Field of Science

Citations - Scholarly Beans

When you publish in science, you must place your research into context, that is, you must show how your work relates to all other work relevant to your study and findings.  This is no small task and the list of citations in some of TPPs publications runs well upwards of 100.  This is somewhat easier to keep track of now, heck, it's a whole lot easier to keep track of now than at any time in the past.  In the early days of my career we'd spend at least one day a month shifting through a major research library looking for publications of interest, and maybe 2 or 3 days a year looking yourself up in the Science Citation Index.  Now good old Google Scholar not only tells you how many other authors have cited your publications, but how many citations each of your publications has had.  TPP is by no means a major publisher, but as Captain Jack Sparrow pointed out when called the worst pirate I've ever heard of,  "But you have heard of me."  So indeed my modest enough record of scholarship generates something on the average of 50 citations a year, and GS alerts the author to these citations because any publication that cites your work is likely to be a study you yourself are interested in.  When the titles of these publications pop up in the email, it's usually not too hard to guess which of my publications were cited.  Then TPP gets this: Capillary wave propagation during the delamination of graphene by the precursor films in electro-elasto-capillarity.  TPP has no idea what this means at all; the publication is totally opaque to this botanist.  Remember the particular area of expertise we be talking about here is floral biology, pollination, ecology, floral form and function.  Now perhaps someone has TPP confused with someone else.  After all Phactor is a fairly common name.  Actually not, and while still in the dark about its significance to this study, how biological organisms interact with certain physical parameters of the environment, particularly surface tension, was in these authors' opinions important.  TPP must admit a certain grudging respect for anyone who is so thorough in their literature search as to find that connection.  Score one small bean for the counters.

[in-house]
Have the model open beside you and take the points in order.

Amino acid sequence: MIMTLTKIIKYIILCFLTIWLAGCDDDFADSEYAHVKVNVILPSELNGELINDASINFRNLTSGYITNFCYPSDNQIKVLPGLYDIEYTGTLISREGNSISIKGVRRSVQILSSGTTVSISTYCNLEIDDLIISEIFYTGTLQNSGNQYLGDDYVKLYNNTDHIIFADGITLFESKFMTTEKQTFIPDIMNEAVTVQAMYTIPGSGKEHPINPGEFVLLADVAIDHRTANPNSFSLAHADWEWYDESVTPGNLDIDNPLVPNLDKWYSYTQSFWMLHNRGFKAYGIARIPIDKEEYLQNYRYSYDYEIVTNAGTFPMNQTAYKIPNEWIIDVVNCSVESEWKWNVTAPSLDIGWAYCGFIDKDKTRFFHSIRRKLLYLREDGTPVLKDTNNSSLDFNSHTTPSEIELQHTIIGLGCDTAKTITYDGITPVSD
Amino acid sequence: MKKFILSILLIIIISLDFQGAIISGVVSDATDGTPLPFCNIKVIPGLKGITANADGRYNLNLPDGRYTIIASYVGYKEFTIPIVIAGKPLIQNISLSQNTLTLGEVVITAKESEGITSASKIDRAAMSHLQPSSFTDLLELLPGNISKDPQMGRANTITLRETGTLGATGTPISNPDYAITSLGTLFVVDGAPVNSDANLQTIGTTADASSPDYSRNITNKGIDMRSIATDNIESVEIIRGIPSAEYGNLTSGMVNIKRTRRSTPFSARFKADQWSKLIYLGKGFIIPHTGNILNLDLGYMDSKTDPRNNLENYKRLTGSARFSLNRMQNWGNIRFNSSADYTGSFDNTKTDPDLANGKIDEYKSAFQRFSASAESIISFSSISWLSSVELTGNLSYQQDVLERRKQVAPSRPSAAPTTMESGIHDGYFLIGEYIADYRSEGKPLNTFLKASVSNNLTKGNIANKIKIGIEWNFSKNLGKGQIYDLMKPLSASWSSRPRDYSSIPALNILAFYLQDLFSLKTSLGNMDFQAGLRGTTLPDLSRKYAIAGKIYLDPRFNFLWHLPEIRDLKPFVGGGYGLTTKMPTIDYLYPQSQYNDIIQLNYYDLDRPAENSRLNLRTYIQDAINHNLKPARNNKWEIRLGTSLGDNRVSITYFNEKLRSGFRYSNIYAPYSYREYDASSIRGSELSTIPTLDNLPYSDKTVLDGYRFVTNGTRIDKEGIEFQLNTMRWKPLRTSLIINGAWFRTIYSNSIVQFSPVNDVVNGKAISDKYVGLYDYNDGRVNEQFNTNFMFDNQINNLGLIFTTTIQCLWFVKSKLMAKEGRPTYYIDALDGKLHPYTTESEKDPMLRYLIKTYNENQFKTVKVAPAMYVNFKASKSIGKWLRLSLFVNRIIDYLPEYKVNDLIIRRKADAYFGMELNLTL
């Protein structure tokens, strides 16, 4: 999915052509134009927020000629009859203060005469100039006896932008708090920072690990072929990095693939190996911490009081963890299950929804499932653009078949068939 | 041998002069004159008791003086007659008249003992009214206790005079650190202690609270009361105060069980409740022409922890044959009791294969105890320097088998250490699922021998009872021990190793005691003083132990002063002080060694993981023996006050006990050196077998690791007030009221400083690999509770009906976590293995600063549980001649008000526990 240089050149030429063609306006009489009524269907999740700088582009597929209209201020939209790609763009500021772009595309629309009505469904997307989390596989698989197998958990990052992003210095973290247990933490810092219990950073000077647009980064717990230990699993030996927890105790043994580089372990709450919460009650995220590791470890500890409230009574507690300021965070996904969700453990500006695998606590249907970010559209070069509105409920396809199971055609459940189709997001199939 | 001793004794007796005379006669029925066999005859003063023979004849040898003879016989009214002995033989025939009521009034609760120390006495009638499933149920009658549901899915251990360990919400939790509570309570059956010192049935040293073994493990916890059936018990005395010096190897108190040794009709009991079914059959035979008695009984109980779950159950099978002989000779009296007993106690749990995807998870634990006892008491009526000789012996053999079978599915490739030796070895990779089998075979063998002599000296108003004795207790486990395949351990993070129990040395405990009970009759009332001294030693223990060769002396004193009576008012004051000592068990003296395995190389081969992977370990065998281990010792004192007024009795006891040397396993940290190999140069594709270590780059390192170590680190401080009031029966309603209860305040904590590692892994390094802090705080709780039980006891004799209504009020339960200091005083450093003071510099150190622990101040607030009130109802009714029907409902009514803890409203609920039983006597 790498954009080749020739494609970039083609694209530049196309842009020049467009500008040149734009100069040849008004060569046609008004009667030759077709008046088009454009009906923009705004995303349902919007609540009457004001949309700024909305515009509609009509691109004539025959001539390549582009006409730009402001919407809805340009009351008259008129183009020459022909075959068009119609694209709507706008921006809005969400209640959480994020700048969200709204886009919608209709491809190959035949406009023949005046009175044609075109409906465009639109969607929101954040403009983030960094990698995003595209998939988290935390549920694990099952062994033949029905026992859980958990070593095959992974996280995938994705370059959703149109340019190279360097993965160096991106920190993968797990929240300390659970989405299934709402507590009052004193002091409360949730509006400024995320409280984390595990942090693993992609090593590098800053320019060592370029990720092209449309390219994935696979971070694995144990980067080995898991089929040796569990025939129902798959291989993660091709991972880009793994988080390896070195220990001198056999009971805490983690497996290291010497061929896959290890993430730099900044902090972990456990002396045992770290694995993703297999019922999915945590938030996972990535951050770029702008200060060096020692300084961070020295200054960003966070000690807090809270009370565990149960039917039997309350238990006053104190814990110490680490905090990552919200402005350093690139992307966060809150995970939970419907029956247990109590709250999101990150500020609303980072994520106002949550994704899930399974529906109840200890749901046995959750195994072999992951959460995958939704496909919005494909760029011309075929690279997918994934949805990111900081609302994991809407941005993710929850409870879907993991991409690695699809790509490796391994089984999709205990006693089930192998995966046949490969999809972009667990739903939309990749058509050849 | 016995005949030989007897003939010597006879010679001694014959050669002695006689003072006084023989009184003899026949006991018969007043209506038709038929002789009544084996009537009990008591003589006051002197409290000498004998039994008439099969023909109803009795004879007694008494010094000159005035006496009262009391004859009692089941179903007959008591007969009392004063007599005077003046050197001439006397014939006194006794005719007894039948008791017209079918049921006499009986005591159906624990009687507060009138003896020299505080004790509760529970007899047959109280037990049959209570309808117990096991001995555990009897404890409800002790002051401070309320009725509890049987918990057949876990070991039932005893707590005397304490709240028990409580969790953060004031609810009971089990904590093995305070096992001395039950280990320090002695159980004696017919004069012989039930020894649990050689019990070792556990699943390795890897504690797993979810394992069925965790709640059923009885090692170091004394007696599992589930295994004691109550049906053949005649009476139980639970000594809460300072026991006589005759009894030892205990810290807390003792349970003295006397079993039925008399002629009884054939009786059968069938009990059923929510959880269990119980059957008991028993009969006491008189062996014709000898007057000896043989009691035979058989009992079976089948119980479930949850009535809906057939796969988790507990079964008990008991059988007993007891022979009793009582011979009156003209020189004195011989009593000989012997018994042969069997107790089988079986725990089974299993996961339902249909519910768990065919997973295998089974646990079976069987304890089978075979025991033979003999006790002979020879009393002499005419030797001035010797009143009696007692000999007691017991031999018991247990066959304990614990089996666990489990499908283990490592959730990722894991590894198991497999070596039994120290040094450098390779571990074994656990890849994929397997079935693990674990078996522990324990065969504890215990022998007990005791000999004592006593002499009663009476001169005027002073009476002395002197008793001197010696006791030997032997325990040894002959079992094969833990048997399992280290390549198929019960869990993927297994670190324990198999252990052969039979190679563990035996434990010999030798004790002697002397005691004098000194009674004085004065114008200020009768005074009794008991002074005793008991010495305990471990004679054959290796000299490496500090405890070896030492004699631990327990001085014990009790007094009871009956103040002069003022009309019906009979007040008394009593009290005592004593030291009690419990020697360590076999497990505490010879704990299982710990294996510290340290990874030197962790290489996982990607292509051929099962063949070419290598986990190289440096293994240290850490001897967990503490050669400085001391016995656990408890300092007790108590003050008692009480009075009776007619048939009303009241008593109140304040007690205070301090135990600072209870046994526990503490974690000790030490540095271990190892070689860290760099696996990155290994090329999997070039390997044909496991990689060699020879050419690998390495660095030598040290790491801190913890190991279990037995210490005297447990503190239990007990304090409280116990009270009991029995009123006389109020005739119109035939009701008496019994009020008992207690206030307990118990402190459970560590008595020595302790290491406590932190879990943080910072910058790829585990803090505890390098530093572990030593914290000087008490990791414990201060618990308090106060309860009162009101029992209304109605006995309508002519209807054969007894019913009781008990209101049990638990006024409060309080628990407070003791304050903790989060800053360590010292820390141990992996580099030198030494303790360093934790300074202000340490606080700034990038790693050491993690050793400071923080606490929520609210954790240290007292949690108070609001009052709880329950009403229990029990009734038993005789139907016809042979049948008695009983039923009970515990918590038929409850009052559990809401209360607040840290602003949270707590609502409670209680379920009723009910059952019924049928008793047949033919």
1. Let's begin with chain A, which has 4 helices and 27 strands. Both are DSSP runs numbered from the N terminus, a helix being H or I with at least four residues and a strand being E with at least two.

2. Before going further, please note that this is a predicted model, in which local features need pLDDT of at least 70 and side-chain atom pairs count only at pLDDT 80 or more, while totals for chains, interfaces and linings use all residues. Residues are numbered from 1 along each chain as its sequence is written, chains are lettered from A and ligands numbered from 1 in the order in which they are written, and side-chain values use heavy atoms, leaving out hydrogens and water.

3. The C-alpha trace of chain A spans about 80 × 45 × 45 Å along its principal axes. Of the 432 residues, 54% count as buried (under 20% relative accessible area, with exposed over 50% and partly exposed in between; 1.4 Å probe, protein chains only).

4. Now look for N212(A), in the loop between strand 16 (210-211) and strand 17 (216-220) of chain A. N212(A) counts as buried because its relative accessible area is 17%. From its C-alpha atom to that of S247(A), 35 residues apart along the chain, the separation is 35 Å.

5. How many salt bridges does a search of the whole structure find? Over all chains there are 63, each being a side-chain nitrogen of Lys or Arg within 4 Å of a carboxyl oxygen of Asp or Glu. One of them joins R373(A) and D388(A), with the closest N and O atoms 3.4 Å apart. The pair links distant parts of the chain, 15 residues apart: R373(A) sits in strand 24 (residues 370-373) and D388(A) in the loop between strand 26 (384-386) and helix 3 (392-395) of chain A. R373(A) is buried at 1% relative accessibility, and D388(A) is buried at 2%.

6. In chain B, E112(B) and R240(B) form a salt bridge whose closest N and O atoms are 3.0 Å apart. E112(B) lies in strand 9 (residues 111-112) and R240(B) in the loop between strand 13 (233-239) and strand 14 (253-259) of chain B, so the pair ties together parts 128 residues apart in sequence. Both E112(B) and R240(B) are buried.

2 comments:

RM said...

Assuming that you're the one flower-related reference on that paper, it looks like you've written about wetting of petals on an aquatic flower.

They then reference that work in the introduction as an example where modifying the wetting behavior of soft substances can have beneficial effects. Which provides part of the rationale for their investigations on the wetting behavior of their not-very-much-like-flowers system.

William Connolley said...

Doesn't this blow your carefully preserved anonymity?

I can even find a pic of you wearing a big hat.

(feel free to delete this if I've blown your cover too much)